Munir Bashir The Improviser
"Ironically, the West accepted him for his Eastern music while the Arab world favored musicians who adopted elements of Western music"
Munir Bashir was universally considered the best soloist oud player alive and one of the greatest of all times, in the company of Mohamad Qasabgi, Farid al-Atrash and Sharif Haydar. Born in the Iraqi city of Mosul to an Assyrian father and Kurdish mother, Munir was only five when his father started teaching him and older brother Jamil the basics of oudplaying. His father, who was also a poet, stressed the purist musical traditions in the spirit of living in Baghdad, the old capital of the Abbassid caliphs. During the Abbassid period, Mosul produced Ishaq and Ibrahim al-Mouseli, who, along with former student Ziryab, who had escaped Iraq and settled in Andalusia, are considered the fathers of Arabic music as we know it today.
The Bashir children were compelled to live up to that honor and responsibility, and both became apprentices of master instructor Sharif Mohiedin Haydar. Jamil excelled beyond his father's expectations, later developing his own style on the oud, and also played the violin.
It did not take long for Munir, however, to master the subtleties of playing the instrument. He became an unrivaled virtuoso, thus giving the oud the respect it once had in ancient Baghdad. He later followed in Haydar's footsteps as a professor at the Iraqi Academy of Art and also held the job of music director in the country's broadcasting company, where he cynically likened government officials in charge of making decisions on music to "barbers supervising a surgery."
Dissatisfied with his musical progress, Bashir traveled to pursue higher education in Budapest. He married a Hungarian woman and, in 1965, obtained a doctorate and a quick appointment at the Hungarian Academy of Science as a lecturer in folk art. At various times in his life, he had maintained residences in Iraq, Lebanon and Jordan (where he was awarded a medal by the king), but spent most of his later years at his home in Budapest, where he died of a heart attack at the age of 68.
Bashir's approach to performing was centered on respecting the oud. As a result, he "exploded" the instrument and played it in ways not fully appreciated before. Bashir even discovered a connection between his music and Sufi spiritual traditions. That was accidental and happened only, when, to his surprise, he was invited to a Sufi conference in the United States, since the organizers appreciated the spirituality of his work. He later reportedly came to believe in the music's power to heal sicknesses and physical handicaps.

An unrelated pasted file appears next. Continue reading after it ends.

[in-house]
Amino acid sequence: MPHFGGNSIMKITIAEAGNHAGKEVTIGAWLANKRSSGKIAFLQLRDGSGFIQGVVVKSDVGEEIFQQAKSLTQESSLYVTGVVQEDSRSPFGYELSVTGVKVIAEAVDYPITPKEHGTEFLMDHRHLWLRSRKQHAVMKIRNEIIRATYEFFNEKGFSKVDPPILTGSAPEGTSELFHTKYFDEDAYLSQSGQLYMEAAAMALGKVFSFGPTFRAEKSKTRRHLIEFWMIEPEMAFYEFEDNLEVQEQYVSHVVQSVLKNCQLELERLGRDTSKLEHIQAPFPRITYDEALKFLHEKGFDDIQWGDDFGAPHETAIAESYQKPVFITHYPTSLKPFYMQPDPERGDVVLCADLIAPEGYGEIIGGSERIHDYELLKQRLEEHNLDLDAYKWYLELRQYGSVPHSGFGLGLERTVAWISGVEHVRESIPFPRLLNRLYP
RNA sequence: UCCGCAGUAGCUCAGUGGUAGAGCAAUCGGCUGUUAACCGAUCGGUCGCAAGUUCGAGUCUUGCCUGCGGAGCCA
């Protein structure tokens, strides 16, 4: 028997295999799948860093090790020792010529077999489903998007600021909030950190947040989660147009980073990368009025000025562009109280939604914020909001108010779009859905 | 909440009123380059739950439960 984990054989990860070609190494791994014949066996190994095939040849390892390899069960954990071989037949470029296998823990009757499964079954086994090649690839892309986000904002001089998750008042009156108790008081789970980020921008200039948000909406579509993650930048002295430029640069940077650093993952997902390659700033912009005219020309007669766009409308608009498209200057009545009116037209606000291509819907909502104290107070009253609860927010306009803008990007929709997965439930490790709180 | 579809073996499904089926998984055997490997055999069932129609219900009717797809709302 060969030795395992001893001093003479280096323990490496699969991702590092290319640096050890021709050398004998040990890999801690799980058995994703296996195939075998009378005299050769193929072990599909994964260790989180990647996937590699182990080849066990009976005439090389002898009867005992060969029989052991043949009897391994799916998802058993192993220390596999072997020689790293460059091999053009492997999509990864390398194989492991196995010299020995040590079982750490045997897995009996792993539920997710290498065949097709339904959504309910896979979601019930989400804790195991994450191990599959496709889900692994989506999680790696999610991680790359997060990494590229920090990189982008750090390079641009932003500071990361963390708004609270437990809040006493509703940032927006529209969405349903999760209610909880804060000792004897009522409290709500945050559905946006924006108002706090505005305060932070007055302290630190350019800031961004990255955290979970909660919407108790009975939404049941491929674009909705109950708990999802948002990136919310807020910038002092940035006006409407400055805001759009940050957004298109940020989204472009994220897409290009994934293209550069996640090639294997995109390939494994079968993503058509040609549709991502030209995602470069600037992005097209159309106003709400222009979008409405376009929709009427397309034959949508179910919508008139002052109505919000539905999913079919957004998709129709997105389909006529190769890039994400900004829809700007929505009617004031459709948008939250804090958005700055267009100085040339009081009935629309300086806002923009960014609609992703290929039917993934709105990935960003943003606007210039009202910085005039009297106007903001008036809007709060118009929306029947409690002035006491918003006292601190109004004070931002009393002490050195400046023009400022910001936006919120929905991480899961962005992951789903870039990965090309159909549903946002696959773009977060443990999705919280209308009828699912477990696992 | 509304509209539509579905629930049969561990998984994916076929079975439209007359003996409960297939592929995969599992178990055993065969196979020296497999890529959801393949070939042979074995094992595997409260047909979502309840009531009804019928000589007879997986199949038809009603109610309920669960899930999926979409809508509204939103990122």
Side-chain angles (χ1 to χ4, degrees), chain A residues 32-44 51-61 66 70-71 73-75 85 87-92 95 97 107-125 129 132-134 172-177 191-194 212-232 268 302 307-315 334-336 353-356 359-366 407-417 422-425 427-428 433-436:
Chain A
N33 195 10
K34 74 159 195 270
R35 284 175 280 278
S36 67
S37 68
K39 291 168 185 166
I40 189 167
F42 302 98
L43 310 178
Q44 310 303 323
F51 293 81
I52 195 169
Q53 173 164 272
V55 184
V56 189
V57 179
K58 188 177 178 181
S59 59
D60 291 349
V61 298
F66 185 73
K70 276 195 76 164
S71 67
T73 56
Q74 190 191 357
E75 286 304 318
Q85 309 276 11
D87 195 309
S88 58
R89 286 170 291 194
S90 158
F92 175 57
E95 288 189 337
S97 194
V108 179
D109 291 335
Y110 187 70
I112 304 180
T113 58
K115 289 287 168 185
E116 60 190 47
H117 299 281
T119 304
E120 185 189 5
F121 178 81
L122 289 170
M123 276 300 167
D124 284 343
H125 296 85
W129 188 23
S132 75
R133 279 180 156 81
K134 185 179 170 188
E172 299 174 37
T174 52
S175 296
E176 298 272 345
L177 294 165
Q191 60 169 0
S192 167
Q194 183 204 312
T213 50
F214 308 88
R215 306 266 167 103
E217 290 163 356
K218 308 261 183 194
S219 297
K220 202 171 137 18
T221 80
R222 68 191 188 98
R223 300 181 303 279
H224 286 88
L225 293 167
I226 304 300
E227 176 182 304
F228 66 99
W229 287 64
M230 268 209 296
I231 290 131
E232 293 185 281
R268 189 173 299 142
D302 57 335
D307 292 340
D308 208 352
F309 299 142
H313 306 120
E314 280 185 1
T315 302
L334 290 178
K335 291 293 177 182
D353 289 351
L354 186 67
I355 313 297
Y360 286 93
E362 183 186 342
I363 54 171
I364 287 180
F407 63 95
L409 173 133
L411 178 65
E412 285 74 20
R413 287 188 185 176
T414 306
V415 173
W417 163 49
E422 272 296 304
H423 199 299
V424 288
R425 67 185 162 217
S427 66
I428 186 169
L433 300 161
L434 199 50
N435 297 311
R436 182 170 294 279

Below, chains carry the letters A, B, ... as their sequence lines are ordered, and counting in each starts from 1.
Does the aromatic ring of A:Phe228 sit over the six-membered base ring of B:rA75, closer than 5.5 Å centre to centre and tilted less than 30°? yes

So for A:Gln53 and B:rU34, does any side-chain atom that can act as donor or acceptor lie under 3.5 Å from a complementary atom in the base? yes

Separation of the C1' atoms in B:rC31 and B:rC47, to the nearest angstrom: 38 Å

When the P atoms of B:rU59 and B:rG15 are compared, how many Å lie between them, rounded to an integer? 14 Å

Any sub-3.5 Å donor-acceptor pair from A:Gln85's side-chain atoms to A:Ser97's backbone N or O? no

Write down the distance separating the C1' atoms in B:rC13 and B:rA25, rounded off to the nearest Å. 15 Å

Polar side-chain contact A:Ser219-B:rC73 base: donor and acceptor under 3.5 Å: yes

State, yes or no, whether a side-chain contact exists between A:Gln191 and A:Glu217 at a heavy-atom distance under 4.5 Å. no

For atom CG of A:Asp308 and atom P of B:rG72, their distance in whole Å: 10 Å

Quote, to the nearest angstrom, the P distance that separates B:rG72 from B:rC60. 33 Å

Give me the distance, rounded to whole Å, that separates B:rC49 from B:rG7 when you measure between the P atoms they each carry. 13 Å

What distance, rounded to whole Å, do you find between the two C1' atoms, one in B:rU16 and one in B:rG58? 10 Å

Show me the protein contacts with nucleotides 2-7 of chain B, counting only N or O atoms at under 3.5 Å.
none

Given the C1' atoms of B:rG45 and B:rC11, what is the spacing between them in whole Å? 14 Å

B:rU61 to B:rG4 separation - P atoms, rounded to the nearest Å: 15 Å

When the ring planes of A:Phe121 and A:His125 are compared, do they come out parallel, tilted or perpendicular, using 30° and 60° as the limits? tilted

Despite the fact the he had hundreds of compositions recorded, he is known for his improvisations. He was indeed the king of improvisation (taqsim). And although with a higher education background, he learned the theory of Arabic modal structures (maqamat) in a non-academic way, in the traditional style of apprenticeship. Later in his career, some critics wrote that Bashir excelled in two particular maqams more than others: Shad Arban, because it was easier on the Western ear, and Rast, the fundamental Arabic maqam, implying that he solicited Western acceptance.
Regardless of these insinuations, he had an intuitive feel for the art and the instrument of Ziryab. The latter had added the fifth string to the oud and was the first to use a feather for a pick; to this day even a plastic oud pick is called a feather (risha). Incidentally, a young contemporary Lebanese oud player called Charbel Rouhana added a sixth string to his instrument. While Ziryab's fifth string was a low one, for base resonance, Rouhana's is a high string for added range. Haydar also reportedly experimented with a sixth low string, but the standard instrument remains as left by Ziryab with only minor changes in the tuning. In mutual admiration, Bashir proclaimed young Rouhana to be his "son."
Rouhana is the cousin of the Lebanese musician Marcel Khalife; Bashir's Lebanese connection also included important work with the Rahbani Brothers, and oud recordings of some famous Fairouz songs. In fact, Bashir was "discovered" in Beirut by Swiss ethnomusicologist Simon Jargy, who invited him to perform in Geneva, thus moving him to the international arena, in which he found recognition and comfort. Interestingly, later in his career, Bashir criticized the Rahbanis for their excessive Westernization. Bashir also criticized Mohammad Abdulwahab for adopting elements of Western music, and in doing so, he joins a list of purists who also criticized Abdulwahab in articles and interviews. This list includes Sayyed Makkawi, who called Abdulwahab a traitor, and Sabah Fakhri, who sings in purely traditional Arabic style to this day.